If your car horn is not working, take a few minutes to go over these common problems and what you can do to fix them yourself.
The most common problems that will cause your car horn not to work are either the horn itself is bad, or the clock spring mounted behind the steering wheel is bad. When the clock spring is bad, your airbag or SRS warning light likely comes on simultaneously.
Why your car horn is not working:
- Blown fuse
- Damaged wire
- Defective horn
- Faulty clock spring
In the next section, you will find several steps to help you figure out why your car horn is not working.
Fixing a horn that doesn’t work is relatively easy, and there are tests you can perform yourself. To fix your horn, you will need a few basic tools, such as a digital multimeter.
A retractable test leads can come in handy to test the horn.
A bad fuse is one of the most common problems that can cause your horn to stop working. Check the horn fuse to make sure it’s not blown. The fuse box will be either on the side of the dash on the driver’s side or in the engine bay.
If you have difficulty locating the fuse box for your particular car model, look it up in your owner’s manual. Look at the fuse chart on the back of the fuse cover or the owner’s manual. You should see a fuse that says HORN. Pull the fuse and inspect the wire. If the fuse is blown, replace it with a new fuse that has the same rating.
Bad Clock Spring
The clock spring is quite often the problem. What is a clock spring, you may ask? A clock spring is a device installed right behind your steering wheel. It allows the airbag and horn wires to stay connected when you rotate the steering wheel.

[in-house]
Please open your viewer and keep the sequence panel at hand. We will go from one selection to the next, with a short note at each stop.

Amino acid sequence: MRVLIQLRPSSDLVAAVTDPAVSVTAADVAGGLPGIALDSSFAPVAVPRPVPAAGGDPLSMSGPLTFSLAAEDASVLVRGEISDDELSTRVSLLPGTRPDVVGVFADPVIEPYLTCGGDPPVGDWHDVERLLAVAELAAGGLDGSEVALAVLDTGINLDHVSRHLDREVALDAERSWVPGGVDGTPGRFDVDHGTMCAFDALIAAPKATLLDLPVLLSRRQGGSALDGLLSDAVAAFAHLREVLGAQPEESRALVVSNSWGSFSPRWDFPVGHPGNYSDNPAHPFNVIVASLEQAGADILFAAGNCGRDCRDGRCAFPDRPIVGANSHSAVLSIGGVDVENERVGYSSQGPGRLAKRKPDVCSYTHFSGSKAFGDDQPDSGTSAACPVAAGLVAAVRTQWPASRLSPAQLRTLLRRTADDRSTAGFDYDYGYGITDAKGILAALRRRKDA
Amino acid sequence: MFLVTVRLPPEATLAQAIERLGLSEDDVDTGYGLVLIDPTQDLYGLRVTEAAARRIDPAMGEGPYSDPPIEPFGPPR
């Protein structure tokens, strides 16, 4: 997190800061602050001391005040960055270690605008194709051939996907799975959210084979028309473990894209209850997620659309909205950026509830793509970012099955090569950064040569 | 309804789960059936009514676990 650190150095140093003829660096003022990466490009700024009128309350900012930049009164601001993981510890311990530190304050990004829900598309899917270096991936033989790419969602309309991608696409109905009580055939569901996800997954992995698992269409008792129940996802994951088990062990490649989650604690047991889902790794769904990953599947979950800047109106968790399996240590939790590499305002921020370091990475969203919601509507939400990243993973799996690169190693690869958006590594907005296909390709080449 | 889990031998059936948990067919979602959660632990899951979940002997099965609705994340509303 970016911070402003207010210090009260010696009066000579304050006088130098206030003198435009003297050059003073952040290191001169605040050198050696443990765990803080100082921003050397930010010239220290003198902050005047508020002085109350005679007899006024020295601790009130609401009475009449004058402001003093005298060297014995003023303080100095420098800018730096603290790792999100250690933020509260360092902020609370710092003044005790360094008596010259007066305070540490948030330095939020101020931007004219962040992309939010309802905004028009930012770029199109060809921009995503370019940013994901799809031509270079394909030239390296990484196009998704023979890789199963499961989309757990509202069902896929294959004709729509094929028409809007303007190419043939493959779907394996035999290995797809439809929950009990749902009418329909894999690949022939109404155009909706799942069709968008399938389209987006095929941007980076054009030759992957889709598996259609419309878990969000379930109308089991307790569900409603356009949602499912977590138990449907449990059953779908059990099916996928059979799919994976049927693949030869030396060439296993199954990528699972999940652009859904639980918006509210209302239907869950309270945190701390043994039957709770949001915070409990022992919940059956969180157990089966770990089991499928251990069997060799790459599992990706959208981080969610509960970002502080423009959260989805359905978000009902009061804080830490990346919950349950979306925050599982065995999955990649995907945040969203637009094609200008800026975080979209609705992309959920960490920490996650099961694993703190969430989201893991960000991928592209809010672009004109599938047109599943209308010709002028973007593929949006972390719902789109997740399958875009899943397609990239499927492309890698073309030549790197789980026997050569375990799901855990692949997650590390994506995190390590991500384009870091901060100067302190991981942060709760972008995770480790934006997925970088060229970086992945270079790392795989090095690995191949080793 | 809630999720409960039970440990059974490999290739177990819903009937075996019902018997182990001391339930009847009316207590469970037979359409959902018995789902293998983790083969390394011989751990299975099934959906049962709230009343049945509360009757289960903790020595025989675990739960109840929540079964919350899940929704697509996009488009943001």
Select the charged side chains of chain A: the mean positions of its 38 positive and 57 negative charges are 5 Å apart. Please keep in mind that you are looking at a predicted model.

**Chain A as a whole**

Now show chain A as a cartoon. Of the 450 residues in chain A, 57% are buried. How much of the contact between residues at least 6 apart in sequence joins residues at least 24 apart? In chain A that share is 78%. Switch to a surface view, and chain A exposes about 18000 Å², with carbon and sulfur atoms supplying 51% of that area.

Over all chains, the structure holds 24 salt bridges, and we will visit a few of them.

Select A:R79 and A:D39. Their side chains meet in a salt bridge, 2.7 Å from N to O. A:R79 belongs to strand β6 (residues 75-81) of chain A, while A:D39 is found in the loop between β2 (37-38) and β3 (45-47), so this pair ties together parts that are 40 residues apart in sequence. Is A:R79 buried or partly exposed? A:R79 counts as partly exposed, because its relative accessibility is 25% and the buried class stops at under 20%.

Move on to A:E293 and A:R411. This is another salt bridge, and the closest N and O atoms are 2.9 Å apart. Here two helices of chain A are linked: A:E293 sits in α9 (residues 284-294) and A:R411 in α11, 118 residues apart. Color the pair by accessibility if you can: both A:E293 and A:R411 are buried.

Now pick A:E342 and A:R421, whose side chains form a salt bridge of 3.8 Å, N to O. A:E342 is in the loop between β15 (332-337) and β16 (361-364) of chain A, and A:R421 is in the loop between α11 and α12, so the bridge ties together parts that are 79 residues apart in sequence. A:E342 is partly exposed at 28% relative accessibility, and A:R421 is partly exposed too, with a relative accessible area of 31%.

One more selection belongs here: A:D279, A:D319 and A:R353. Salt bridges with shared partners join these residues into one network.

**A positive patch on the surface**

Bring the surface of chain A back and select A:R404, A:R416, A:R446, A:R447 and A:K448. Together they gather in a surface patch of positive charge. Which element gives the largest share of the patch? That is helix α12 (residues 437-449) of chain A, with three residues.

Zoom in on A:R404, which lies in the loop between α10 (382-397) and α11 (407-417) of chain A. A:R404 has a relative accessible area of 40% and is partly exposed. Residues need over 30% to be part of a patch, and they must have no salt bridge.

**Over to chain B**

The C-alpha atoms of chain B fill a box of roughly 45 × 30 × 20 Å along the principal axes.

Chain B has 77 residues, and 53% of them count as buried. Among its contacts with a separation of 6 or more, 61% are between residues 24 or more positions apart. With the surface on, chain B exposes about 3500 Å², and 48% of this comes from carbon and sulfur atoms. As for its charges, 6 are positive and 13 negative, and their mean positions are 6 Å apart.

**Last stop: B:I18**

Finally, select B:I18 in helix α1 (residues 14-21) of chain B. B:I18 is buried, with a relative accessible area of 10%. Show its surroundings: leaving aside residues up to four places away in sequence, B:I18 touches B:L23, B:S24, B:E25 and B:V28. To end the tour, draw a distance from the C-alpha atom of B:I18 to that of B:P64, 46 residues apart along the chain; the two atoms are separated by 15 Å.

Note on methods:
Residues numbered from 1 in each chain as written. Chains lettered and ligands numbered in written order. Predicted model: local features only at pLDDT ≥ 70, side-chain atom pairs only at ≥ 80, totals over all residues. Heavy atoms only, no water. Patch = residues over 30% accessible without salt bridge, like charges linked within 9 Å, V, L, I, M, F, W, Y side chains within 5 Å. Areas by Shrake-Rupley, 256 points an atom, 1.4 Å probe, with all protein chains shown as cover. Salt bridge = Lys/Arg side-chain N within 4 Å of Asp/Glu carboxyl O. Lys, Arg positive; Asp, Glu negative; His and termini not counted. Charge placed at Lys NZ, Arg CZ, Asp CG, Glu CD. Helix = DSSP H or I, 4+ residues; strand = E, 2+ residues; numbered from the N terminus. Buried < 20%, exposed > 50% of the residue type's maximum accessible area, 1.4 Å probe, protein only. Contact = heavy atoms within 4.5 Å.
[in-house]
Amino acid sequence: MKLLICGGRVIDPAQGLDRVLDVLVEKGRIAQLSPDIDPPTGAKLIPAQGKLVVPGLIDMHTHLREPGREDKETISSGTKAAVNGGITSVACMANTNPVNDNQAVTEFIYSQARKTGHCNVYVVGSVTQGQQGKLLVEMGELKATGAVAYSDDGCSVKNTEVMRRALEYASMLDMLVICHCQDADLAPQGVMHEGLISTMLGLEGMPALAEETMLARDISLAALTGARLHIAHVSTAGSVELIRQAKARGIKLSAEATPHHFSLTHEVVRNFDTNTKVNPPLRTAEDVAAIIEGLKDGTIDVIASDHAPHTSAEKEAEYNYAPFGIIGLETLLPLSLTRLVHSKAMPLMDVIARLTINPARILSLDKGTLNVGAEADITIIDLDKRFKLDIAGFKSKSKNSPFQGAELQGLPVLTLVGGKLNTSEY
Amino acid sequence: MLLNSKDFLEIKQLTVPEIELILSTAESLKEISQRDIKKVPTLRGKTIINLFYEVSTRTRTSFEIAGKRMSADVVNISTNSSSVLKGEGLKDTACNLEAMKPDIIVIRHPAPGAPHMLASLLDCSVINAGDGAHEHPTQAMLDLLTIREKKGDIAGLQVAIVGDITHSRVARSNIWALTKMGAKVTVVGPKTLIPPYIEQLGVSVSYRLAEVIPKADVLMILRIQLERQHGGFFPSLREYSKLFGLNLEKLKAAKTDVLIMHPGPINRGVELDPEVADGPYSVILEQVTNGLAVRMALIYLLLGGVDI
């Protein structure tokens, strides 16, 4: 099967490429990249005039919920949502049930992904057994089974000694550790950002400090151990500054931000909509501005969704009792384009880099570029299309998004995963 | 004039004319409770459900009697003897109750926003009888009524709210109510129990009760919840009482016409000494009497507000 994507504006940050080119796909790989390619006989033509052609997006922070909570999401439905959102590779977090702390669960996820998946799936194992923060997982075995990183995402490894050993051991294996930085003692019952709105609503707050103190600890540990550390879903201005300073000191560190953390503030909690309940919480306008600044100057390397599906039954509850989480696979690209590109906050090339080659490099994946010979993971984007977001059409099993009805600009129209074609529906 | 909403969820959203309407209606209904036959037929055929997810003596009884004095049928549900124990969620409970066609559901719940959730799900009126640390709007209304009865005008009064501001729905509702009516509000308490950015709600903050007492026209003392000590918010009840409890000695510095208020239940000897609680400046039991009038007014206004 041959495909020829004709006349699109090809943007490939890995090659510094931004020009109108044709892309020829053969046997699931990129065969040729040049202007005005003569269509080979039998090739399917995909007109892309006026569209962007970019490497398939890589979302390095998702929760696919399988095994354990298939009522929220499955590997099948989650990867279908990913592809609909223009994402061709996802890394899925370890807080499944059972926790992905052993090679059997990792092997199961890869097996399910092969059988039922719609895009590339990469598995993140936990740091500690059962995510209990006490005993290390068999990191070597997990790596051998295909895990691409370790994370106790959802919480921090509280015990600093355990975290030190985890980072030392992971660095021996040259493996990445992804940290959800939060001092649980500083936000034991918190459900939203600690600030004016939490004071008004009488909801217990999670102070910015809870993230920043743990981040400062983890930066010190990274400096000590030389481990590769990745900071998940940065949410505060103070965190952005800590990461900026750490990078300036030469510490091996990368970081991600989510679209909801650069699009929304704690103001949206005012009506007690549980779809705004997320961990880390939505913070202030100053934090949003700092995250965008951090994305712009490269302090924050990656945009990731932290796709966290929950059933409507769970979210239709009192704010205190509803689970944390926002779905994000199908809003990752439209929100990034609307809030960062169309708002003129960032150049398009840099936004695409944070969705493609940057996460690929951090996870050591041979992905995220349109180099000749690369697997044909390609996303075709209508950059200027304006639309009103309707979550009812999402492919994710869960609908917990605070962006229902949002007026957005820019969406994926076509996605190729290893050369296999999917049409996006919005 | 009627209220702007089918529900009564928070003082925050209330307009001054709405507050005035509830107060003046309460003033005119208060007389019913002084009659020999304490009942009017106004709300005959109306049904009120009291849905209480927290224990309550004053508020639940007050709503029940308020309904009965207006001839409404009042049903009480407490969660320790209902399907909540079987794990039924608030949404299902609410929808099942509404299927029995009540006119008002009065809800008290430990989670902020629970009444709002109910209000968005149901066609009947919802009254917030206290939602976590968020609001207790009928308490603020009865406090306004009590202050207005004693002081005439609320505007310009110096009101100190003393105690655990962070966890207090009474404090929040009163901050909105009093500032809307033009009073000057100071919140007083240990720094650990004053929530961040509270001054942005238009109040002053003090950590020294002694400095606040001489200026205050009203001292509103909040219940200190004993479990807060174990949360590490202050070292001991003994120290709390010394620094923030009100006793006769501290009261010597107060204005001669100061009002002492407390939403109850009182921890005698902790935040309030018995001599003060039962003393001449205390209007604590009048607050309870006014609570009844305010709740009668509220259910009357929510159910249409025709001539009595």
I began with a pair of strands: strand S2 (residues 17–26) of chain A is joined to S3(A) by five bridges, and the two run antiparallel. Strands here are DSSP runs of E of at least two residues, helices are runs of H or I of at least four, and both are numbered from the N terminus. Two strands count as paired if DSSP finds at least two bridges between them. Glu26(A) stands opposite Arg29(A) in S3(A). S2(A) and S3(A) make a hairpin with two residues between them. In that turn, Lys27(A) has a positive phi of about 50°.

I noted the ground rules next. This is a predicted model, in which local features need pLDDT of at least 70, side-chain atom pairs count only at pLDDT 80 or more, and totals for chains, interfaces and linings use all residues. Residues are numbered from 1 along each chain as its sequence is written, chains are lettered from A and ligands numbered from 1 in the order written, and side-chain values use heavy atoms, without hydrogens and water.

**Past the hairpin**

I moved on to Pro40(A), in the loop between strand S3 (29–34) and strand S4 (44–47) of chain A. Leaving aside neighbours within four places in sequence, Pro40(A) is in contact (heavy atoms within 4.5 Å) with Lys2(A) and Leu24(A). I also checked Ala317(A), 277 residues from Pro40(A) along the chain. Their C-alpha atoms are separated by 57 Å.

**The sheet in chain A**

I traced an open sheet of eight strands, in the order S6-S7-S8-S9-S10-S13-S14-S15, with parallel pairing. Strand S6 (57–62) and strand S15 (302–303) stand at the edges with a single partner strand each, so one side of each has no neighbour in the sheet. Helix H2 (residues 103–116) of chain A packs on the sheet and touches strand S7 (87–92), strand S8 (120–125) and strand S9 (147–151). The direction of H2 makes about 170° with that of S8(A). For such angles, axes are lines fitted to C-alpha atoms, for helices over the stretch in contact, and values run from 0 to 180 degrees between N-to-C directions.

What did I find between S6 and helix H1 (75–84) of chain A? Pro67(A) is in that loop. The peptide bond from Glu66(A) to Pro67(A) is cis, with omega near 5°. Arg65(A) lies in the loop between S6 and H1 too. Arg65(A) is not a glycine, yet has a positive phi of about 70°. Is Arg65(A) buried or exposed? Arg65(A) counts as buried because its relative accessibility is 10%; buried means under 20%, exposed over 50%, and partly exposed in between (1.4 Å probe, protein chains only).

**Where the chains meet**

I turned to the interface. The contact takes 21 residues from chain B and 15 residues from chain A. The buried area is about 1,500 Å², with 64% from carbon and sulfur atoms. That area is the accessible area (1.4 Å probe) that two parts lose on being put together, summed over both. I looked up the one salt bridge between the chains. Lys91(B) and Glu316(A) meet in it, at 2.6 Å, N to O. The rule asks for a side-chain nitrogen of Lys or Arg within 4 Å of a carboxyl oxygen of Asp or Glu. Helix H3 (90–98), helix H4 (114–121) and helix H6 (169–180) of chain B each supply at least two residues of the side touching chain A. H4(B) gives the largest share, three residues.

You must remove the steering wheel to replace or test the clock spring. Clock springs can be purchased online for any make and model and are inexpensive.
Check Horn Relay
Locate the horn relay. The horn relay is found in the main fuse box located in the engine compartment.
Use a multimeter to test the horn relay. You can try this old trick if you aren’t comfortable with testing a relay. Find another relay on the fuse box identical to the horn relay. Let’s say the fog lights relay is identical. Switch the two relays.
- If your horn works but the fog lights don’t, the relay is defective. Replace it.
- If the fog lights work, the horn relay (now installed for the fog lights) is good.
Direct Feed the Horn
If you haven’t had any luck with fixing the horn, we need to check if the horn itself works. Locate the horn, which is mounted near the radiator. The horn is usually between the radiator and the front grill. It will help remove the front grill, which is held with a couple of screws.
Some models may require that you remove the front bumper to get to the horn. Unplug the electrical wires that go to the horn. Do you have two wires going to the horn or just one?
If your horn has two wires, one of them will be brown or black. This is the ground wire. You can connect the horn negative terminal directly to the car’s body or connect it to the battery negative terminal, which will serve as our negative feed.
Next, use a +12 volt feed line from the battery positive terminal to the horn. When you touch the horn terminal, you should hear the horn beep.
- Horn does beep
- The horn itself is good. Move to the next step to troubleshoot why the horn isn’t getting power.
- Horn doesn’t work
- If you don’t hear the horn, that means the horn is defective. Replace the horn. If the fault is on the horn itself, you may be able to dismantle the horn and find out what is wrong. Cleaning the contact breaker might work. There might be a broken or disconnected wire inside. New horns are very inexpensive, costing as little as $20. Even if you have a newer car, a 12-volts car horn will get the job done.